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For Kids!

Winner of the Bear

Each time your child visits for a dental appointment, they are added to the Winner of the Bear raffle. A name is drawn every three months, and the winner receives a free teddy bear like the one pictured here!

Proper dental care begins before a baby's first tooth appears. Just because you can't see the teeth doesn't mean they aren't there. Teeth actually begin to form in the second trimester of pregnancy. At birth, your baby has 20 primary teeth, some of which are fully developed in the jaw.

Running a damp washcloth over a baby's gums daily will help clear away harmful bacteria. Parents can brush kids' teeth as they come in with an infant toothbrush, using water with just a smear of toothpaste until about age 2.

Around age 2, most kids can spit while brushing. Use a pea-sized amount of toothpaste, with supervision, until around age 5.

Even babies can develop tooth decay if good feeding habits aren't practiced. Putting a baby to sleep with a bottle might be convenient, but can harm the baby's teeth. When the sugars from juice or milk remain on a baby's teeth for hours, they can eat away at the enamel, creating a condition known as "bottle mouth." Pocked, pitted, or discolored front teeth are signs of bottle mouth. Severe cases result in cavities.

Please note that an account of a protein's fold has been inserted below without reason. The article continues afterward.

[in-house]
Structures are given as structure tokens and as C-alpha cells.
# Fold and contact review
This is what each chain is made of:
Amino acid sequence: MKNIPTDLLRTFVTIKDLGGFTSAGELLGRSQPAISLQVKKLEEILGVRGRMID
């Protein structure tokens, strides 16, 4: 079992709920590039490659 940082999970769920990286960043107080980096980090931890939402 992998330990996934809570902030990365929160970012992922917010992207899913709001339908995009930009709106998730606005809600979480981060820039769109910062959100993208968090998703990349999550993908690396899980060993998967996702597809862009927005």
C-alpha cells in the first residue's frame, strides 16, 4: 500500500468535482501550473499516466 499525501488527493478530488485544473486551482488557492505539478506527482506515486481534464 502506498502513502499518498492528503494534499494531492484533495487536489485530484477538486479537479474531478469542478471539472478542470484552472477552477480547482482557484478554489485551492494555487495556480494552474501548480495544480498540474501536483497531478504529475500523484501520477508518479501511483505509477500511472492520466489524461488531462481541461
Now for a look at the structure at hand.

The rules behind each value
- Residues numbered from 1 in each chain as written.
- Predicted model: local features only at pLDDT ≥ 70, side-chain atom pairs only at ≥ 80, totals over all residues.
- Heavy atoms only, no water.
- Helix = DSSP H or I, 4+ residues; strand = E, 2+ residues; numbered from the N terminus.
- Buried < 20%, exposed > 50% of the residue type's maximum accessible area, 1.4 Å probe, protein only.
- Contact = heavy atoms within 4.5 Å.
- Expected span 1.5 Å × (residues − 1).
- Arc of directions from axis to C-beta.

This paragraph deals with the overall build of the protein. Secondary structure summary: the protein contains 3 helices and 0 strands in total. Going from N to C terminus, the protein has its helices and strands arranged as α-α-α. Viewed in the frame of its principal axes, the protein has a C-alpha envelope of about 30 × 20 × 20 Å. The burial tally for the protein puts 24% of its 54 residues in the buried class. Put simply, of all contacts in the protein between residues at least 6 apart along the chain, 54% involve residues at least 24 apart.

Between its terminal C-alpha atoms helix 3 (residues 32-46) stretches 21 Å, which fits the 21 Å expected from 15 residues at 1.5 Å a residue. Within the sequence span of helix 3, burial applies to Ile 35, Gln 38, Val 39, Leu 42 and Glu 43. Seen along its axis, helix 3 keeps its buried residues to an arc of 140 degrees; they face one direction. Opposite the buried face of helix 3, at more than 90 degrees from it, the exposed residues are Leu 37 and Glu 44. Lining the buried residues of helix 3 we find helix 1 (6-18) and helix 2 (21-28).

No Cavities Club

Every child who is cavity-free gets their picture taken, and they become a part of our No Cavities Club!

Here are nine pieces of good advice that parents can follow to keep their children from getting cavities:

  1. Mothers should reduce their own oral bacterial infection through dental care and effective oral home care during prenatal and postnatal periods.
  2. Avoid propping a bottle in the crib.
  3. Avoid excessive nighttime bottle or breastfeeding.
  4. Try comforting the child with a pacifier or favorite toy or blanket instead of using the bottle or breast as a pacifier.
  5. If water is unfloridated, discuss fluoride drops or tablets with the dentist. Fluoride can be obtained with a prescription.
  6. Clean a child's teeth as soon as they erupt. Parents should use a damp cloth or a toothbrush to clean the teeth. Cleaning a child's teeth remains the parent's responsibility into the preschool years.
  7. Check teeth regularly for any chalky white or brown spots that could be the beginning of decay.
  8. Bring the child to the dentist whenever a dental problem is suspected.
  9. A child's first visit to the dentist should be made by age 3 or six months after the first tooth erupts, unless the parent suspects a problem with the teeth.